How to crypt perl scrip?

Discussion in 'Perl Misc' started by Guest, Aug 12, 2006.

  1. Guest

    Guest Guest

    Is possible to crypt Perl script that user can start it, but can’t read, if
    script is copied to his computer?

    Thanks
     
    Guest, Aug 12, 2006
    #1
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  2. Guest

    Henry Law Guest

    wrote:
    > Is possible to crypt Perl script that user can start it, but can’t read, if
    > script is copied to his computer?


    I think you mean to ask whether a Perl program can be written such that
    it can be run but its source not read by whoever runs it. If that's the
    case then the FAQ will answer you. So too will Google, because the
    question is asked in this group often enough for it to be easily available.

    The FAQ's on the web, or type perldoc -q hide on a command line.

    If that's not your question - if you really do want to encrypt your Perl
    program - then I'm sorry.
    --

    Henry Law <>< Manchester, England
     
    Henry Law, Aug 12, 2006
    #2
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  3. wrote:

    > Is possible to crypt Perl script that user can start it, but can't read, if
    > script is copied to his computer?


    What you are talking about is something called "trusted computing". It
    has little to do with specific languages and is largely an OS and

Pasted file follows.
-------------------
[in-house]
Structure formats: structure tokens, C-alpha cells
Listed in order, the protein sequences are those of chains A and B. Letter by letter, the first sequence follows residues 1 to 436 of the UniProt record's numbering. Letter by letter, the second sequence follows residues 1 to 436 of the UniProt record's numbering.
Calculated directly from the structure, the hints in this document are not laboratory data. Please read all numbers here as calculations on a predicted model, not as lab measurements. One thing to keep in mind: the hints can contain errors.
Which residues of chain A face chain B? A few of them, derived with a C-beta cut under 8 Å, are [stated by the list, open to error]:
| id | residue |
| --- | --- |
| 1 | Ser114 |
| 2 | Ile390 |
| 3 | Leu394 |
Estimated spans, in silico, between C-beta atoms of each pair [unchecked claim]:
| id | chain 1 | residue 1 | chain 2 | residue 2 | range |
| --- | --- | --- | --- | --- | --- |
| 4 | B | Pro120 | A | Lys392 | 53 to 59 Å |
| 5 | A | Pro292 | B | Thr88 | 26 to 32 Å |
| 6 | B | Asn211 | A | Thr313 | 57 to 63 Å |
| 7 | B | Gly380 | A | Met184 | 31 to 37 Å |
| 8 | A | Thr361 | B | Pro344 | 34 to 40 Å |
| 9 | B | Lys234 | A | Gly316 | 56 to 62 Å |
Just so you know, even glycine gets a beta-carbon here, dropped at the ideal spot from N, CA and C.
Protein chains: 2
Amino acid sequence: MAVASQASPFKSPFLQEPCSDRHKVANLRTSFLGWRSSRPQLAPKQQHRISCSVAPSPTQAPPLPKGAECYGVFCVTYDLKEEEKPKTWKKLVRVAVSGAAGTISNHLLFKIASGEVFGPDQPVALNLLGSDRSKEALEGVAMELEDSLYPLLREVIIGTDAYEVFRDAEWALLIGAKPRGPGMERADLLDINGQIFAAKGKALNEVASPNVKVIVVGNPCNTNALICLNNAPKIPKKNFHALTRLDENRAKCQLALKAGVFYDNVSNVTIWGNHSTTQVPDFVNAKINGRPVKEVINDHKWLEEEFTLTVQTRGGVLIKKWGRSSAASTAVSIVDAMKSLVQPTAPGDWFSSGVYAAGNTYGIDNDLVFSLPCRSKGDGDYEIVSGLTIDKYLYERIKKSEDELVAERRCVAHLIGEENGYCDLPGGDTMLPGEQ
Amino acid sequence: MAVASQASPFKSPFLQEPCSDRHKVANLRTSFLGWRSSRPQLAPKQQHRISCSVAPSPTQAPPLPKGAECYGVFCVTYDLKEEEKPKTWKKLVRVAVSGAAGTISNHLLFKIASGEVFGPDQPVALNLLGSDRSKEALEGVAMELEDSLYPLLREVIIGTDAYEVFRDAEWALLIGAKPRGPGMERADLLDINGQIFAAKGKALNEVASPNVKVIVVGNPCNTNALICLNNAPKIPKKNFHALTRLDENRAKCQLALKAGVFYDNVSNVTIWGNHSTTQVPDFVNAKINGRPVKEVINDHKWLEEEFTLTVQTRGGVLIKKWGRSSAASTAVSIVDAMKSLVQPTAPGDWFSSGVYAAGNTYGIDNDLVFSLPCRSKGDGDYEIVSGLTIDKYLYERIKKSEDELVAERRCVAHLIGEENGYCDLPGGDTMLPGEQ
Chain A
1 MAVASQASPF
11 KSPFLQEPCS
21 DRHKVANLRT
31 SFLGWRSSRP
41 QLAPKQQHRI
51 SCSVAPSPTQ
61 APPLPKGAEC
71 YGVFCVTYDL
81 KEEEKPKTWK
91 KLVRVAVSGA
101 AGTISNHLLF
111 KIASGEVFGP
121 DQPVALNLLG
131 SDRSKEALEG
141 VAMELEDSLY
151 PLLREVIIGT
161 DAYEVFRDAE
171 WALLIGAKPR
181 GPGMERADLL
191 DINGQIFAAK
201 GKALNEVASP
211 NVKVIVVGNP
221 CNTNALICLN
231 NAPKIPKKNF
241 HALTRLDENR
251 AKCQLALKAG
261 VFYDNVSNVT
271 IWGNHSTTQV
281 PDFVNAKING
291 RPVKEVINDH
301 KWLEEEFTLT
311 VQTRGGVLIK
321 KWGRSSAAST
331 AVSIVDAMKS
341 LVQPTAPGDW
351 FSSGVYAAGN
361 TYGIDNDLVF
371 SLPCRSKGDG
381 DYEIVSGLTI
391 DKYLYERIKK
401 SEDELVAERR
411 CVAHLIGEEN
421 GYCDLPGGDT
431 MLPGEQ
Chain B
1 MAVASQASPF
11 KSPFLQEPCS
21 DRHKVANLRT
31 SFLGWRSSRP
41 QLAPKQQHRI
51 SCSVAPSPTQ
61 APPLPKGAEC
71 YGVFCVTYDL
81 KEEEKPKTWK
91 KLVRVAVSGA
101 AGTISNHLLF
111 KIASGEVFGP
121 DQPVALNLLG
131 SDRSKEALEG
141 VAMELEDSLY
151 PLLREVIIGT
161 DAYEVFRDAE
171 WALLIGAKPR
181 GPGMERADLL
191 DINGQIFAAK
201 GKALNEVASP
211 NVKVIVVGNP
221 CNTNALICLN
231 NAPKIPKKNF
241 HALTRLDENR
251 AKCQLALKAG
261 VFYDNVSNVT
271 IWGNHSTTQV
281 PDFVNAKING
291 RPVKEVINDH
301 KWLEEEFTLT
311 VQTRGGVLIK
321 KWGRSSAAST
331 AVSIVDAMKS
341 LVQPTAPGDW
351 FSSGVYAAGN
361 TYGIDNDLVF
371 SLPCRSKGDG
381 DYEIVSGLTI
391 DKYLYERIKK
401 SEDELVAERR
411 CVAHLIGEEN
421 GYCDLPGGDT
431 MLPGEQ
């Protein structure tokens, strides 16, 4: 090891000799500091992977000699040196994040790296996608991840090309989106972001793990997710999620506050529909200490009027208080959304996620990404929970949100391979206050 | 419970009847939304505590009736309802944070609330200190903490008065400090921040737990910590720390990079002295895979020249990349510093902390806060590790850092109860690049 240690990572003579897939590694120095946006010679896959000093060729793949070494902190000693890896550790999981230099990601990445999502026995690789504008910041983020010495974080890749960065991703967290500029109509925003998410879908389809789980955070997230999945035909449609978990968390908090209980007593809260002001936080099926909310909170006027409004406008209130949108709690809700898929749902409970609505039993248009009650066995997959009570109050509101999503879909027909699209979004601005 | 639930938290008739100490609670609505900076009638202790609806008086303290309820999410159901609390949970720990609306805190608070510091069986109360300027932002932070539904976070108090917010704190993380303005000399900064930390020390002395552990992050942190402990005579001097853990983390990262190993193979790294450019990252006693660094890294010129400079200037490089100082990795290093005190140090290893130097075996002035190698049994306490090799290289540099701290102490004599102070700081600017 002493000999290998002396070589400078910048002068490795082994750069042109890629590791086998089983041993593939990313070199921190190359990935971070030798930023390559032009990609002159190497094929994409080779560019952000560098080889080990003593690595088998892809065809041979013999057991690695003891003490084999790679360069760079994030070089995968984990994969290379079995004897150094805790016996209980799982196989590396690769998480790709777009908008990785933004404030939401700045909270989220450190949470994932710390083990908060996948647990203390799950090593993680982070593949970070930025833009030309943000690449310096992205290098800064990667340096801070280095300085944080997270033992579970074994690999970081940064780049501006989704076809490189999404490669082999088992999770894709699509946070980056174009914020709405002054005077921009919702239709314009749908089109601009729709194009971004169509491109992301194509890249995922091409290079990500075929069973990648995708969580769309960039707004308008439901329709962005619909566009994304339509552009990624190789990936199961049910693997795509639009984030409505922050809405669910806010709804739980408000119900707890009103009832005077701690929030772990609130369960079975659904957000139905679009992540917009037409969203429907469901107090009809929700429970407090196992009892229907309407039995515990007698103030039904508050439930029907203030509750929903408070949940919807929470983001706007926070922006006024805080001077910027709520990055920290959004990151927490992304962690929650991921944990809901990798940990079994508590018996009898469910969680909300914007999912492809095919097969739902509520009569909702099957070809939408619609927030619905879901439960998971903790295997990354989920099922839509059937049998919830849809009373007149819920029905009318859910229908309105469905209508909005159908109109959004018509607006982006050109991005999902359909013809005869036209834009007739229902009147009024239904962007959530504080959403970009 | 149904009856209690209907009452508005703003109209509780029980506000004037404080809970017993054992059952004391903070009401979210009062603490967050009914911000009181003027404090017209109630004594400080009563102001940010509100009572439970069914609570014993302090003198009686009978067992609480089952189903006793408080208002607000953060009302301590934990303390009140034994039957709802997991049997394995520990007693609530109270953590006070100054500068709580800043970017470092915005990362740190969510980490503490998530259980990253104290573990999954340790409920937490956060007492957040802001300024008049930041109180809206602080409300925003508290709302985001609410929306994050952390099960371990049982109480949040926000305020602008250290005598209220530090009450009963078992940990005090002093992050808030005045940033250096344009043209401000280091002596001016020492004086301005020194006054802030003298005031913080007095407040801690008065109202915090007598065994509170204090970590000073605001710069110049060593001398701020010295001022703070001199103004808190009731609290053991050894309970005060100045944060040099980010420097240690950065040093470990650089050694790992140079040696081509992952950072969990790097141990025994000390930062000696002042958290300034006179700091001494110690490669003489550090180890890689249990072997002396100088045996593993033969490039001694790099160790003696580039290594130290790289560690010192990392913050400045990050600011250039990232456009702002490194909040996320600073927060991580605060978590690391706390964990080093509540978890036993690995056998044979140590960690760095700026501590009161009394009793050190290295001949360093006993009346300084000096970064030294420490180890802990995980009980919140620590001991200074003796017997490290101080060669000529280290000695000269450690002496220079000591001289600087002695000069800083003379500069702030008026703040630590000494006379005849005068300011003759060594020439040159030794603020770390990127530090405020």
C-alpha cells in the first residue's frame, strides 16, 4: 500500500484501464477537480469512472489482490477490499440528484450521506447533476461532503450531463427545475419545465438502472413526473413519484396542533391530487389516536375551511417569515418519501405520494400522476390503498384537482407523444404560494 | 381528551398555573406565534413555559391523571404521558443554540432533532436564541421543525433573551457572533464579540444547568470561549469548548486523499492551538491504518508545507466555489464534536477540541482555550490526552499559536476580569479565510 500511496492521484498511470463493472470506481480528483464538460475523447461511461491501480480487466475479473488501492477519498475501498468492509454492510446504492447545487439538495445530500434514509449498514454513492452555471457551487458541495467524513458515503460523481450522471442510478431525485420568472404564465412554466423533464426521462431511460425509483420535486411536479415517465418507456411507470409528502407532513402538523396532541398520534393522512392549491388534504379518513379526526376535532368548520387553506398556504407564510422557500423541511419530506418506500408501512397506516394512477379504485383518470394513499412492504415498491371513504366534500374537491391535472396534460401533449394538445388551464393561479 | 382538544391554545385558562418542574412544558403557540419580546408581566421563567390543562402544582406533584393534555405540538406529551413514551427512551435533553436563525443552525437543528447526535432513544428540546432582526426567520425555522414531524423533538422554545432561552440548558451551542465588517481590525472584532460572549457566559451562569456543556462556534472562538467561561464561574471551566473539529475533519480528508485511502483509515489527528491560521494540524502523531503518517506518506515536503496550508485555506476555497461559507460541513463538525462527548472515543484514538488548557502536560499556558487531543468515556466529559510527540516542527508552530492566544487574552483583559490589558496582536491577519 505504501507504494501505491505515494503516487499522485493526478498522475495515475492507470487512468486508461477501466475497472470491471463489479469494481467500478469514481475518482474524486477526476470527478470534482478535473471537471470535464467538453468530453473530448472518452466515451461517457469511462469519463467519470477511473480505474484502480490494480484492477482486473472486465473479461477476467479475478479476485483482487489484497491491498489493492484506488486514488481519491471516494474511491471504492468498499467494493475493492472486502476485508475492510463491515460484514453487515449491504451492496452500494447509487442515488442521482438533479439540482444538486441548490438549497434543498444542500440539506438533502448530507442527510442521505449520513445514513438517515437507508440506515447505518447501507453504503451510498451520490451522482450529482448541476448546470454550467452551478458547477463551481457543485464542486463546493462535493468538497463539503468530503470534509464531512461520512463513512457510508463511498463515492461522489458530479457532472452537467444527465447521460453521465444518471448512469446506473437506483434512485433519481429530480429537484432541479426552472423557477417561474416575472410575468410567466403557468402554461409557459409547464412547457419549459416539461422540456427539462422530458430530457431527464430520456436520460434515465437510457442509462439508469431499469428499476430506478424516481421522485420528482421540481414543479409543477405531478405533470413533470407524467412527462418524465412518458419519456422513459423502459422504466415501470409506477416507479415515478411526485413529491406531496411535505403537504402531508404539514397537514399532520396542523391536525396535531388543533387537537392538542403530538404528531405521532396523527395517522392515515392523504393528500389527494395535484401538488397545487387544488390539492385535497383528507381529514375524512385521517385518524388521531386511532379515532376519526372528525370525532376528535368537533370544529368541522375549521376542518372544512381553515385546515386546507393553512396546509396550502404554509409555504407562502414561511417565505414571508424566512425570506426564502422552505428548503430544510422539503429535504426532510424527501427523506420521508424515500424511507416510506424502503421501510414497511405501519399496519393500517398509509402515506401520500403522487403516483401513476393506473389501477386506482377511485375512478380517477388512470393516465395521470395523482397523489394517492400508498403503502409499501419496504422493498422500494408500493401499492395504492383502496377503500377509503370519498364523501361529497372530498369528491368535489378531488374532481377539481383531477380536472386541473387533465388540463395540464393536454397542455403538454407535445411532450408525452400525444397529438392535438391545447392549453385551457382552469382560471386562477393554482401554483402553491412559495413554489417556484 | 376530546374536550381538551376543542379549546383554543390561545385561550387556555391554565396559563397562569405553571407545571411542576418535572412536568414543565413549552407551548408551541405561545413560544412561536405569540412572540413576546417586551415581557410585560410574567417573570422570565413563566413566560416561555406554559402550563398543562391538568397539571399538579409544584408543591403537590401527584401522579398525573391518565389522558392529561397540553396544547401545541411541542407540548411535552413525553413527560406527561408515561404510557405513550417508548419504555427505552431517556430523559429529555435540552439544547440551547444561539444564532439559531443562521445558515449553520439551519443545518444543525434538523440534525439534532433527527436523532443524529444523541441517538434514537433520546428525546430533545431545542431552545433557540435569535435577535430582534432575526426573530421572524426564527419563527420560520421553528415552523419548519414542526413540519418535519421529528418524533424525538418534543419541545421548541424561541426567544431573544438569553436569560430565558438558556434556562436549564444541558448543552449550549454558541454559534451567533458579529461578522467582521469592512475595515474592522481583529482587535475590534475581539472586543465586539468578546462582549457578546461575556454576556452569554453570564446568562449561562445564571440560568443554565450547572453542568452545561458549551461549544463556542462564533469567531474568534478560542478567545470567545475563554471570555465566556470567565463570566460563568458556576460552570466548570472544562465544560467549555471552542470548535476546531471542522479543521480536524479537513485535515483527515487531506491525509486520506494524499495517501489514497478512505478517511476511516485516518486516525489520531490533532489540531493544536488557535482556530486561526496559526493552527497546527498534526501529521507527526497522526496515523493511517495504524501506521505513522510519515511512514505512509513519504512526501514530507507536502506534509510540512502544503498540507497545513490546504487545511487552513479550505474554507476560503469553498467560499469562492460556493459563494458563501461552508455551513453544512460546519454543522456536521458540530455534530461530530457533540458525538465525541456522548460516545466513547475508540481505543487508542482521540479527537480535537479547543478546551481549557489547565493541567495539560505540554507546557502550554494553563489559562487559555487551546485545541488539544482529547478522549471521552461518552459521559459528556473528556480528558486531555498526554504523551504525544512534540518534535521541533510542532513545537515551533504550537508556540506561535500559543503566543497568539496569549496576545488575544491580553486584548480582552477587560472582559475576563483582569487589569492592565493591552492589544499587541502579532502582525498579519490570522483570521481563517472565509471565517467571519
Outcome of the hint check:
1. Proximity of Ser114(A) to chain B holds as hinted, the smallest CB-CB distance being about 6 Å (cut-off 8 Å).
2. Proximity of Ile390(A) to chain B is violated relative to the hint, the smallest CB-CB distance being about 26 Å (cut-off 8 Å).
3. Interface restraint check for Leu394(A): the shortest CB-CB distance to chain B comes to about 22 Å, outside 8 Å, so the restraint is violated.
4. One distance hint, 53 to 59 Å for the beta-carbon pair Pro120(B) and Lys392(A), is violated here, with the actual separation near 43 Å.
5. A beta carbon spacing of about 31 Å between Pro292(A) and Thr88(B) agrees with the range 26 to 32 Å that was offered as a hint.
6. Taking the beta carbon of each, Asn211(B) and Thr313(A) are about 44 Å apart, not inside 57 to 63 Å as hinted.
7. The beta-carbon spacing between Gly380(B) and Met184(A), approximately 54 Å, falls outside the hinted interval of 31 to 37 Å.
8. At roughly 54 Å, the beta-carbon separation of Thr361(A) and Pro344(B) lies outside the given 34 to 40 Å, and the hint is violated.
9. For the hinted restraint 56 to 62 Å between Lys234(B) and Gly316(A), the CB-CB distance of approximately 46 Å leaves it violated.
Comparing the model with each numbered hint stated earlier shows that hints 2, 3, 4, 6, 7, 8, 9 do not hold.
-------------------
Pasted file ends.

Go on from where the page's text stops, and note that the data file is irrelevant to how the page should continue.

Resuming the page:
hardware issue. Note that under the trusted computer model "his
    computer" becomes "a computer he is allowed to use" because no
    individuals will truely be able to own computers any more.

    With a TC OS and hardware you (the program author) could create a file
    that instructs the computer that the file is only to be processed by a
    special signed (and crippled) version of the the perl interpreter. You
    could _trust_ that the computer would place your wishes ahead of those
    of the user. Likewise the user would have to take it on _trust_ that
    you were not abusing this privileged position. (These are 2/3 of the
    places where the "trust" in "trusted computing" comes in).

    Note that this is a moral, political, ecomonic, ethical, legal,
    technical bag of worms. Note also that actually implementing what I've
    said above may infringe the licences of some open source components
    that you may have used.

    If you are willing to change "can't read" to "can't casually read"
    then you don't need true crypto and obfuscation (as per FAQ answer)
    will suffice.
     
    Brian McCauley, Aug 12, 2006
    #3
  4. Brian McCauley wrote:
    > wrote:
    >
    > > Is possible to crypt Perl script that user can start it, but can't read, if
    > > script is copied to his computer?

    >
    > What you are talking about is something called "trusted computing".


    I should correct myself here as I appear to have given a false
    inpression.

    There are two aspects to "trusted computing". On aspect is that a
    computer will only execute programs that are signed by a trusted party.
    The other is the ability for the programmer to trust that the computer
    will place his wishes above those of the user.

    It is quite possible to have the first part (which is very helpful to
    the end user) without the second. So long as the ultimate choice as to
    whom to trust (choice of root authority) remains with the owner of the
    computer there's no downside to the first part.

    What the OP was asking about was the second part. Which is also the
    part of TC which has the potential to be abused by large coporations
    and corrupt(able) politicians.

    I'll shut up now as this isn't really the place for this.
     
    Brian McCauley, Aug 12, 2006
    #4
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